Cancer treatment for Bradley Lowery 'not working'
Bradley was diagnosed with cancer when he was 18 months old19:49 Friday 7 April 2017, 19:49 7 Apr 2017
Treatment to help a five-year-old football mascot with cancer "is not working", his family have announced.
A post on Bradley Lowery's Facebook support page said hospital tests had revealed that a "last option" treatment was unsuccessful.
The post read: "We have just got back from the hospital with news no parent should ever have to hear.
"Scan results show treatment that Bradley has been receiving is not working.
"This means we will not get him cancer free as this was our last option."
The family said Bradley would take part in a trial in London, but the treatment had no previous success for their son's type of cancer.
"We are understandably heartbroken about the recent news - hearing this type of thing never gets easier," the family said.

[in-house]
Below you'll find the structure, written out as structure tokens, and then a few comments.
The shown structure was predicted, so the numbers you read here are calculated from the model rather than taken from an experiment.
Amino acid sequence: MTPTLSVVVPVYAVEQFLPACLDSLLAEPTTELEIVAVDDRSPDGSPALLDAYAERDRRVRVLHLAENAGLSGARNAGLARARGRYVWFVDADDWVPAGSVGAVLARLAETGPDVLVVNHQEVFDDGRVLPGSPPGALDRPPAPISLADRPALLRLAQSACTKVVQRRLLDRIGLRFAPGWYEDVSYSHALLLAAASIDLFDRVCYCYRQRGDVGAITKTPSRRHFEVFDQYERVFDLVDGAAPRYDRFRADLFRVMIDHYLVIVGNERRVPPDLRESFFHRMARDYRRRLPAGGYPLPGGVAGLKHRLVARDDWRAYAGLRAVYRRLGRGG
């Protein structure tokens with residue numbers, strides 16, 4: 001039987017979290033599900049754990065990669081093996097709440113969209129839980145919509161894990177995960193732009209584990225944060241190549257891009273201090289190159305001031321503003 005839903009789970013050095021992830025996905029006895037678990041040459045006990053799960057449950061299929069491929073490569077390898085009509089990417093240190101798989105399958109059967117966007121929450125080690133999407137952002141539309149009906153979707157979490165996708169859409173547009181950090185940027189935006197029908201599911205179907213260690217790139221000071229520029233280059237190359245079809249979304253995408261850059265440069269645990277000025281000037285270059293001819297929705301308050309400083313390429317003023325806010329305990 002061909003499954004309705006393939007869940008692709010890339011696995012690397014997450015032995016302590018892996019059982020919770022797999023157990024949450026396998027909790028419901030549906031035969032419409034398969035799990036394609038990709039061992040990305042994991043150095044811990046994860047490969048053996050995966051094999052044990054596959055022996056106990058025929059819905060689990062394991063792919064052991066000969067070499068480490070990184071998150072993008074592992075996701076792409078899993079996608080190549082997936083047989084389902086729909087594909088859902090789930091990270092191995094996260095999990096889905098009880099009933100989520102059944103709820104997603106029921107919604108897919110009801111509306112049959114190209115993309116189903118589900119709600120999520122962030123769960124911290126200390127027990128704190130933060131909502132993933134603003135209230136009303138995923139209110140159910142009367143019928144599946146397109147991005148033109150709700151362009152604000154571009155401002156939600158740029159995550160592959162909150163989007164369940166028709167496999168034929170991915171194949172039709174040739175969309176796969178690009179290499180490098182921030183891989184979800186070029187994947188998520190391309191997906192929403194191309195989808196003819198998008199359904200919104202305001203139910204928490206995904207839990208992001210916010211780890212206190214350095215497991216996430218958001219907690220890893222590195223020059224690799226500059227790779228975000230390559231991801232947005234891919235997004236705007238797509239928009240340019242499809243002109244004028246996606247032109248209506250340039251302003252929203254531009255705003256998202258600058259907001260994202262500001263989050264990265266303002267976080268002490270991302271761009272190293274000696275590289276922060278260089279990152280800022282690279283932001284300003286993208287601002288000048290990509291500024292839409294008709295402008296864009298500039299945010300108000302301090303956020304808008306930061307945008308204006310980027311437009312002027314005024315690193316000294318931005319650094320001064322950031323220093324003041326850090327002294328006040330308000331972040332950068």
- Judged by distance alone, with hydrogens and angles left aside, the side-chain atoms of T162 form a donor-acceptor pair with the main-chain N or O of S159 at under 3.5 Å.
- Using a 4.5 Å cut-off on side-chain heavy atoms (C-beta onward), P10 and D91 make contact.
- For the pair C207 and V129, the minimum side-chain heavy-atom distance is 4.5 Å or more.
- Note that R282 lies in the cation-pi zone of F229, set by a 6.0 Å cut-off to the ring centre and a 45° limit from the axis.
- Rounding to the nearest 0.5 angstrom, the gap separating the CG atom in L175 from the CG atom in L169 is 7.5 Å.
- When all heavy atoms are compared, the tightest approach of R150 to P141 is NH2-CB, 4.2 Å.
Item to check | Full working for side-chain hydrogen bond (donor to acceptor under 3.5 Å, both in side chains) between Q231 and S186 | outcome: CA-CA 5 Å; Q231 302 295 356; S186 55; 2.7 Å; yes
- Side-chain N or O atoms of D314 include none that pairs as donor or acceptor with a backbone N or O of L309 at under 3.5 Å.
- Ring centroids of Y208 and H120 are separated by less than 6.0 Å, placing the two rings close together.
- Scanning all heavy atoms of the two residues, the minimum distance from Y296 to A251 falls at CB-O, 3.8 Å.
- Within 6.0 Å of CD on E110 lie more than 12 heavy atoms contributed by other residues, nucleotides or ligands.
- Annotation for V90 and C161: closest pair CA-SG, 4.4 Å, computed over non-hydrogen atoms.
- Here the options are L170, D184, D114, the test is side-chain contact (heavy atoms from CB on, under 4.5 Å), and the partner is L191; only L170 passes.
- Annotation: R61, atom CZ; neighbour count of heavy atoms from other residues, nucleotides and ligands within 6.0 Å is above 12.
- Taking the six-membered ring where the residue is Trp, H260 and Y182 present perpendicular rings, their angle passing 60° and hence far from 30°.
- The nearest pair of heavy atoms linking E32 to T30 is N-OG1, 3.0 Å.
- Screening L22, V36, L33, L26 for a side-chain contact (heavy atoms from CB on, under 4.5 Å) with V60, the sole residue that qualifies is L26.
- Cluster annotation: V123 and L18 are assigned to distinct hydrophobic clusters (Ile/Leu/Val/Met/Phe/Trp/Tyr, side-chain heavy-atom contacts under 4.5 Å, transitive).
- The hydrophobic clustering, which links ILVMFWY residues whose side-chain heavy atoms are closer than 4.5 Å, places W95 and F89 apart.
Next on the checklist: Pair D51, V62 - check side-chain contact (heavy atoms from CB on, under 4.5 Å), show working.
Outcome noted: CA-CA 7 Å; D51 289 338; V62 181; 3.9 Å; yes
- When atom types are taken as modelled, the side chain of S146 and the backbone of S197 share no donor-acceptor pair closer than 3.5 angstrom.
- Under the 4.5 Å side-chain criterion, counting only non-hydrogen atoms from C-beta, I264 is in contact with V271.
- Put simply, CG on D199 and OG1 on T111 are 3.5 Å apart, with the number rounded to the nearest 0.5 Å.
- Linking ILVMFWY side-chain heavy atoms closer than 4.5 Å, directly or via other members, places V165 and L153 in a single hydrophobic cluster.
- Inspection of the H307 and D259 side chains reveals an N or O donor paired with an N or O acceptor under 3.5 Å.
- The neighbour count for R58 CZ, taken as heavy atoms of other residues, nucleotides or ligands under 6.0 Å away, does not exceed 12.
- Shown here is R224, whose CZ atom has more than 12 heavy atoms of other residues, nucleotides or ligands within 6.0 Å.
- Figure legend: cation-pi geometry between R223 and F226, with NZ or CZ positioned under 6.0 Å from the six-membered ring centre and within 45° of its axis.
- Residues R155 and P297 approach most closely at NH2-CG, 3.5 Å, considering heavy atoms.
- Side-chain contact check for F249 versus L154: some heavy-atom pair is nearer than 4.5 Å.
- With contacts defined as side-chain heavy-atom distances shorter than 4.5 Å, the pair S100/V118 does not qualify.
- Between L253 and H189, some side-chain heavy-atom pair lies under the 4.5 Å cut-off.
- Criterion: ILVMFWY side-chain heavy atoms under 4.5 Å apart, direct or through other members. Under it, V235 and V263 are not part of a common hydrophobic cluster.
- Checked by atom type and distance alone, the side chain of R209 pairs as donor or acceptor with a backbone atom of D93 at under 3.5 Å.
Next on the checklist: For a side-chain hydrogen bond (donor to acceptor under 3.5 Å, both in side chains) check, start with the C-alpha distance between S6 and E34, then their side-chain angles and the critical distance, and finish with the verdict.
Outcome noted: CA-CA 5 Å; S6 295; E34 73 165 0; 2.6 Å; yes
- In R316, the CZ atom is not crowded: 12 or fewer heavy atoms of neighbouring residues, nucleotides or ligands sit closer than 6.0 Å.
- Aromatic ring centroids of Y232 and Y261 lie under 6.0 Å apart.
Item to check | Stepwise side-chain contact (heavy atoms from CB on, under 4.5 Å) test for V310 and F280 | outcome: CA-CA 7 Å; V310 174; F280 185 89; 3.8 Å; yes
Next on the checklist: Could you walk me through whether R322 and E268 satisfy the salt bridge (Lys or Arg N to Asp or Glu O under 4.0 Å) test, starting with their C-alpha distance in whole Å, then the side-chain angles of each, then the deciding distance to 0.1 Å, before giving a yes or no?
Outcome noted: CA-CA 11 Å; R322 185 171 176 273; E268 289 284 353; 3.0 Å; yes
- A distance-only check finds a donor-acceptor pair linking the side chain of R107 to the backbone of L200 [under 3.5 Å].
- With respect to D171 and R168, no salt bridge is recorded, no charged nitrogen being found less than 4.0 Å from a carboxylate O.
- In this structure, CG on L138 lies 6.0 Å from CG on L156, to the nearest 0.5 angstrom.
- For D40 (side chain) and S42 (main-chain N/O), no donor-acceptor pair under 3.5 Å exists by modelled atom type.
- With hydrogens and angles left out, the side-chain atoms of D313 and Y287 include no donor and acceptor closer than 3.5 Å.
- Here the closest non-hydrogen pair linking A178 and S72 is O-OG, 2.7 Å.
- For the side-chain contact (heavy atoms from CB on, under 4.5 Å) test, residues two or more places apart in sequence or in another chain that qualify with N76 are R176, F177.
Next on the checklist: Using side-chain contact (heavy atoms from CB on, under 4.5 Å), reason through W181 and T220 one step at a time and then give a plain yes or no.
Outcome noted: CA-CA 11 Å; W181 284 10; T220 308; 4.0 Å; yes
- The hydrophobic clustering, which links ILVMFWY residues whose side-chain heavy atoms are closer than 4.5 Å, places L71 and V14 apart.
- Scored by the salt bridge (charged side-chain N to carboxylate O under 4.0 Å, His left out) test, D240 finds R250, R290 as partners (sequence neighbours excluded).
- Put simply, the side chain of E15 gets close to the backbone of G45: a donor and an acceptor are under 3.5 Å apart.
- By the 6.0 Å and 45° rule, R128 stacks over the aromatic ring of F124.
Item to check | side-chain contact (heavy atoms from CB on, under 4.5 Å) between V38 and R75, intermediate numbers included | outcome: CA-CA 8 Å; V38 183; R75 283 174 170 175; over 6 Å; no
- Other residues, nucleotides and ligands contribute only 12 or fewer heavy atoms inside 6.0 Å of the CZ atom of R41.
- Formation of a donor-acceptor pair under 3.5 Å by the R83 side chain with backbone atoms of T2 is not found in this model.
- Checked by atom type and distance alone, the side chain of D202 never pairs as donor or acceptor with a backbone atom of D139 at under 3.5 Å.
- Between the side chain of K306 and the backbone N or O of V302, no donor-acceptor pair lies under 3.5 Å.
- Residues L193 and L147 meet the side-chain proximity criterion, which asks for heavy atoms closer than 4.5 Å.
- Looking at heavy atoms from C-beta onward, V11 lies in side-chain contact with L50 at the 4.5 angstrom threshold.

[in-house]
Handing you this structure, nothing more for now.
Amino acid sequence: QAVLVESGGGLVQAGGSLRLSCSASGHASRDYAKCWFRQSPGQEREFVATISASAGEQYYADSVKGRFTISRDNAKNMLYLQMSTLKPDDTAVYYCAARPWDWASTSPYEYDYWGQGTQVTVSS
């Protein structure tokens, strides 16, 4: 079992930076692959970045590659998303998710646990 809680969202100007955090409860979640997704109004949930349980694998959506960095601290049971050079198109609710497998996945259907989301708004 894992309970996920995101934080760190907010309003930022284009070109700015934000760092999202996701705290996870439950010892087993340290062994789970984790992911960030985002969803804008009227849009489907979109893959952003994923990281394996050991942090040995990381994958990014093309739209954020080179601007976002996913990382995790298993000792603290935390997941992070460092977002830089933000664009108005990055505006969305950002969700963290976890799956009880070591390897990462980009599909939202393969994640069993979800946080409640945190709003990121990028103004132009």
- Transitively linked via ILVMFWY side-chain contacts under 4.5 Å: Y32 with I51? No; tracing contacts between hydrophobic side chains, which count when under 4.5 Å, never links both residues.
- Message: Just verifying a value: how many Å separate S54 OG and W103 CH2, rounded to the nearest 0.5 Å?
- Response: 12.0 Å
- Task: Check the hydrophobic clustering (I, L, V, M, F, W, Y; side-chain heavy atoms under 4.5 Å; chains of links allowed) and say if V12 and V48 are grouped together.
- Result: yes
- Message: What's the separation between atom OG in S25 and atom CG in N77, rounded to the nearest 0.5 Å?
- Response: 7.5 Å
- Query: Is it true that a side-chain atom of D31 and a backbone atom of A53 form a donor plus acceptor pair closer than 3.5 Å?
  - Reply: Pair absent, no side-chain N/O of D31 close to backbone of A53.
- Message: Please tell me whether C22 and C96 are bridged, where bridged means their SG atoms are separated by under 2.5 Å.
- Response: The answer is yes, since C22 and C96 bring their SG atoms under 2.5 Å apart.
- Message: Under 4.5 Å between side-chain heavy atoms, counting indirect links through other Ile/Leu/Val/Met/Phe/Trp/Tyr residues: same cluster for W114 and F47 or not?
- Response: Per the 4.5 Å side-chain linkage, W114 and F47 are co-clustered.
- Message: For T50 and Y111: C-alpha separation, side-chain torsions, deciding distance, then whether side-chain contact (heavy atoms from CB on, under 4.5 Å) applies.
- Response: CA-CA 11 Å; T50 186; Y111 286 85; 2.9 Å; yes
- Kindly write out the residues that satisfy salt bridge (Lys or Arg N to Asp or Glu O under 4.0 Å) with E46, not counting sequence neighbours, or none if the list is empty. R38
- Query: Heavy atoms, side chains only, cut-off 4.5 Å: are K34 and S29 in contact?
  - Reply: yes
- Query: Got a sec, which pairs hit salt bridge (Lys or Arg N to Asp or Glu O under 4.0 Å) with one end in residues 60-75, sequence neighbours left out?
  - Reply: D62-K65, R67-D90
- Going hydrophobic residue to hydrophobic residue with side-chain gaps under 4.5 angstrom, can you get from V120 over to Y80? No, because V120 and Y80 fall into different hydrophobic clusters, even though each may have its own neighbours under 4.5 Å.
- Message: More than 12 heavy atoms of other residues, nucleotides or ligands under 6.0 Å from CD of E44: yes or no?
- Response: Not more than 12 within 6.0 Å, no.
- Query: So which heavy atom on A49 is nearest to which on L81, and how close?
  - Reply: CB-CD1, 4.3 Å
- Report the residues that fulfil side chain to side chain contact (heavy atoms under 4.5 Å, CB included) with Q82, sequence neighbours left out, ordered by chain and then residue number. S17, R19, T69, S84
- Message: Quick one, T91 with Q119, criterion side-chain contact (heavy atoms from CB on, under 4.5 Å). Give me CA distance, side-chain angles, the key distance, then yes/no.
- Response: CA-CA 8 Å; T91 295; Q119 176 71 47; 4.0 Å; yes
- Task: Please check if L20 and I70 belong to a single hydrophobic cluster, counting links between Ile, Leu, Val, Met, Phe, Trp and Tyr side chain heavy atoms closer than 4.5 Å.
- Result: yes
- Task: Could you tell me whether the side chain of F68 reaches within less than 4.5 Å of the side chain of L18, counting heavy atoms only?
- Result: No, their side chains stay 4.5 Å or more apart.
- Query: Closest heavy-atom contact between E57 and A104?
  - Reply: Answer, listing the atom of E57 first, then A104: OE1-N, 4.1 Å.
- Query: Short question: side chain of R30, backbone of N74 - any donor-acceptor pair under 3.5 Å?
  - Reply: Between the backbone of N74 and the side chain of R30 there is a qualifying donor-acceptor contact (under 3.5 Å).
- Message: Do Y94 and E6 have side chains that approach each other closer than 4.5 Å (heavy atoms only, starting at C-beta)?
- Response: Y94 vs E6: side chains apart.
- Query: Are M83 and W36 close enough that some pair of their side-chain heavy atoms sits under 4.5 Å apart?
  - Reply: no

"We don't know how long it will be before the cancer wins, but what we do know is that we will continue to make memories and enjoy our superhero every second of the day.
"Thank you to everyone for all your support."
Bradley, from Blackhall, was diagnosed with cancer when he was 18 months old and went into remission two years later.
But in July 2016 he relapsed, and his family raised thousands of pounds for specialist treatment in the US.
His battle with cancer has hit the headlines around the world after appearances with his football heroes in hospital and at matches.
He appeared as a mascot for Sunderland and Everton and was selected to lead England out in their World Cup qualifier against Lithuania.
Earlier this season Everton shocked his family by pledging £200,000 towards his ground-breaking treatment in America.
And he was visited at a Newcastle hospital by Sunderland players and fell asleep in the arms of star striker Jermain Defoe.
Bradley Lowery holds hands with England's Jermain Defoe prior to the World Cup Group F qualifying soccer match between England and Lithuania at the Wembley Stadium. Image: Kirsty Wigglesworth/AP/Press Association Images
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